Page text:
Cystic Fibrosis Researcher Christens Petroleum Barge that Bears her Name

Physicians and researchers can get any number of awards over the course of a career.  Landing a Nobel Prize is the tops, of course.  But Bonnie Ramsey, MD, received a different sort of honor this week.  She christened a petroleum barge in Portland that bears her name.  Dr. Ramsey is quite excited about the honor, even if it doesn’t seem very medically mainstream.   

Barge christening by Dr. Bonnie Ramsey“It’s a unique award,” she said.  “It’s not the sort of thing most people get, to have something that huge be named after you,” she said, with a smile.  Barges can measure more than 400 feet long, bigger than a football field.  A barge of this size carries more than 3.5 million gallons in fuel, too.

Harley Franco, chairman and CEO of Harley Marine Services, Inc., is the man who leads the barge-naming efforts. He is a board member of the Cystic Fibrosis Foundation and has helped raise millions of dollars for the cause.  “We got involved with cystic fibrosis a long, long time ago,” he said. 

“When Lissy Moore was born, a bunch of us got involved with advocacy for cystic fibrosis.  We started our guild, ‘The Patrons of Cystic Fibrosis,’ with the Cystic Fibrosis Foundation based on our affiliation with the Moore family.”  Lissy, daughter of Seattle Children’s Research Advisory Board Resa Moore, was born with cystic fibrosis.  She died at the age of 15 in 1998.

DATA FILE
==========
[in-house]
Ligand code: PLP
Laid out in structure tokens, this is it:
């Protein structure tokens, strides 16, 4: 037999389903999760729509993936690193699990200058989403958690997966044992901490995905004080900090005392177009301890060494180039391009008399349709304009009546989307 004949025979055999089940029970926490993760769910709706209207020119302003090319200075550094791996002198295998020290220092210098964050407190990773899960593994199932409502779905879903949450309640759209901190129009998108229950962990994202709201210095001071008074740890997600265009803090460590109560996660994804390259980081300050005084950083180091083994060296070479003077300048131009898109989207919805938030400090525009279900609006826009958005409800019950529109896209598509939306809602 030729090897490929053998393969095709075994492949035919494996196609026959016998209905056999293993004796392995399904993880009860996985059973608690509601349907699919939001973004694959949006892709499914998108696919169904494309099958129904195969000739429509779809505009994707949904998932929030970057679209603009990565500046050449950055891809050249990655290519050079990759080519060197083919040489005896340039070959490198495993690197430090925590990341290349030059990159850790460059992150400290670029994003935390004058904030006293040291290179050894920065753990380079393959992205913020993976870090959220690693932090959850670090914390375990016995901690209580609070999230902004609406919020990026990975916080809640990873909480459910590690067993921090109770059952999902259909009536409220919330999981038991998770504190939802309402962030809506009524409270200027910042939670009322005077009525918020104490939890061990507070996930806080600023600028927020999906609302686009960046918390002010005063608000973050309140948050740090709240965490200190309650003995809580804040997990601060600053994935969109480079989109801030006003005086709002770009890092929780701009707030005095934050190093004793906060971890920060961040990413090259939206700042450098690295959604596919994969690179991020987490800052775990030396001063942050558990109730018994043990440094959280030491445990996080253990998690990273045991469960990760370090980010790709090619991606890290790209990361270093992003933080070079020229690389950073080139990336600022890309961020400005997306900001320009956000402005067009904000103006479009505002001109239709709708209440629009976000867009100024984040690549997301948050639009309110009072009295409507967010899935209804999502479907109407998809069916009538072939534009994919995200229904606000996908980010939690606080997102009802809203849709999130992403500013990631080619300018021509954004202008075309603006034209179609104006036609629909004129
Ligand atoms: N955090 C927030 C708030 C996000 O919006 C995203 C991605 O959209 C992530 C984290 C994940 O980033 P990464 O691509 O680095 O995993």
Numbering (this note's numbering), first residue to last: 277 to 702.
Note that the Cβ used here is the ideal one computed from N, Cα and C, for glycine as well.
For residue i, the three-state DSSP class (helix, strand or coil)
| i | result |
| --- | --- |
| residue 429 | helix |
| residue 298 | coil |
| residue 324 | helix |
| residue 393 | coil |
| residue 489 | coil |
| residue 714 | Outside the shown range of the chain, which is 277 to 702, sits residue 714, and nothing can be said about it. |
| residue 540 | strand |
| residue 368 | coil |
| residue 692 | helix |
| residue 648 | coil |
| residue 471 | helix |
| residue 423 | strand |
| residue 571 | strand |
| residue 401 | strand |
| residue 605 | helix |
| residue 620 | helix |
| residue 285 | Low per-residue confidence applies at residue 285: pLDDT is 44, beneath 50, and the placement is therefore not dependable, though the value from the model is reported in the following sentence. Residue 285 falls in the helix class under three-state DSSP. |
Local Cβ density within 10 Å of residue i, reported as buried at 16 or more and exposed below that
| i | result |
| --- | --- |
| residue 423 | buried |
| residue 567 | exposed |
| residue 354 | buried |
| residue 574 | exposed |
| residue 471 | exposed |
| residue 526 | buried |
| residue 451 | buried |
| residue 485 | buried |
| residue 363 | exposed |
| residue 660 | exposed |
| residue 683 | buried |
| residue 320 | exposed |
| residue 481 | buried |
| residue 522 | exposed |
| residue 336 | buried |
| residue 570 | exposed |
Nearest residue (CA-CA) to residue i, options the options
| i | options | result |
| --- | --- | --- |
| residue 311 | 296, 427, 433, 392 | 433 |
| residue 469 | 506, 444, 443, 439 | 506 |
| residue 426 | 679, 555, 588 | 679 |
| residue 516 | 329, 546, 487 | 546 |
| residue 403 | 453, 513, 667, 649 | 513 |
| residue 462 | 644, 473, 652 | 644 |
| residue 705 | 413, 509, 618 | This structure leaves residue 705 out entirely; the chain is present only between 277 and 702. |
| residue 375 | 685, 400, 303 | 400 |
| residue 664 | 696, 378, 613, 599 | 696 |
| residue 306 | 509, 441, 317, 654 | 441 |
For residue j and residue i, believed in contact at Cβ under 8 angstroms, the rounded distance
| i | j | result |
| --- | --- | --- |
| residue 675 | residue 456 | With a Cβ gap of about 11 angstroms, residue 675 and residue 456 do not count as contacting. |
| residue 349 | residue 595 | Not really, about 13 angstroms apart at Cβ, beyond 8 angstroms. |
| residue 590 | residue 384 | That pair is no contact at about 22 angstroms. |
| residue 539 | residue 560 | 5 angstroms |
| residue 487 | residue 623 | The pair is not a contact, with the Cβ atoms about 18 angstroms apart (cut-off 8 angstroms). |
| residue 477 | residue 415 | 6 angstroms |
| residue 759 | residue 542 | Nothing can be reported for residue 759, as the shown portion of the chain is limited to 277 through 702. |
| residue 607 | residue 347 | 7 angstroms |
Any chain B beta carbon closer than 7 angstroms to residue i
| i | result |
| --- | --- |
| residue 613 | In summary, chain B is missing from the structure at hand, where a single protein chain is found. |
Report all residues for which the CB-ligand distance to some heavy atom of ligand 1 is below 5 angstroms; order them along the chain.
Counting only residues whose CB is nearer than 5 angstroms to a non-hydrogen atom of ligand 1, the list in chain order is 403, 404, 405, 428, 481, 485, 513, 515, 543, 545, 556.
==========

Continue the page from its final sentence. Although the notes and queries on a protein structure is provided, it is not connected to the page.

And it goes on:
As Franco’s business grew over the years, he started naming some of his tugboats and barges after cystic fibrosis patients, with Lissy as the inspiration.  Alyssa Ann and Lissy Too are tugboats named in her honor. 

Petroleum barge Dr. Bonnie W. RamseyIn 1995, Franco named one of the vessels after Dr. Ramsey.  That first boat, the Bonnie R., was retired in recent years.  “We wanted to do a brand-new ‘Bonnie Ramsey,’” said Franco, who said he’s known the physician for 25 years.  “She’s so dedicated, is selfless about the cause and has great relationships with patients and families.  All the strides that they’ve made in cystic fibrosis because of her commitment and dedication is very inspirational to us.  And it gives hope to the families.”  The new barge bears the name: Dr. Bonnie W. Ramsey. 

Dr. Ramsey was lead author of a ground-breaking study on cystic fibrosis published in the New England Journal of Medicine last November.  A few months later, the FDA approved Kalydeco, a drug created to treat some cystic fibrosis patients with a rare gene mutation. 

Franco said the advances Dr. Ramsey and others have made provide hope for patients and families.  “When you see the progress being made, it helps on the fundraising end of it, too.  The fact that there’s always something new coming out of a discovery, it enhances a person’s life and it inches us closer to a cure,” he said.  Franco, wife Lela, and his company’s work for cystic fibrosis causes goes beyond just dollars, too.  “Educating the public on what cystic fibrosis is, that’s a huge part of it,” he said. 

Educating people takes place via the tugboats and barges.  “When people see the ‘Bonnie Ramsey,’ they’ll ask, ‘Who is that?  Who is Alyssa Ann?’  It makes more people aware,” he said.  One barge is named “65 Roses,” which is what some children with cystic fibrosis call the disease because the words are much easier for them to pronounce.

Franco has also used the expression “Cruisin’ for a Cure” for various fundraising events.  The expression seems even more apt these days, with the ground-breaking results from Dr. Ramsey’s research.  “We certainly feel that we’re getting closer to that cure,” said Franco.  “It makes you feel pretty good.”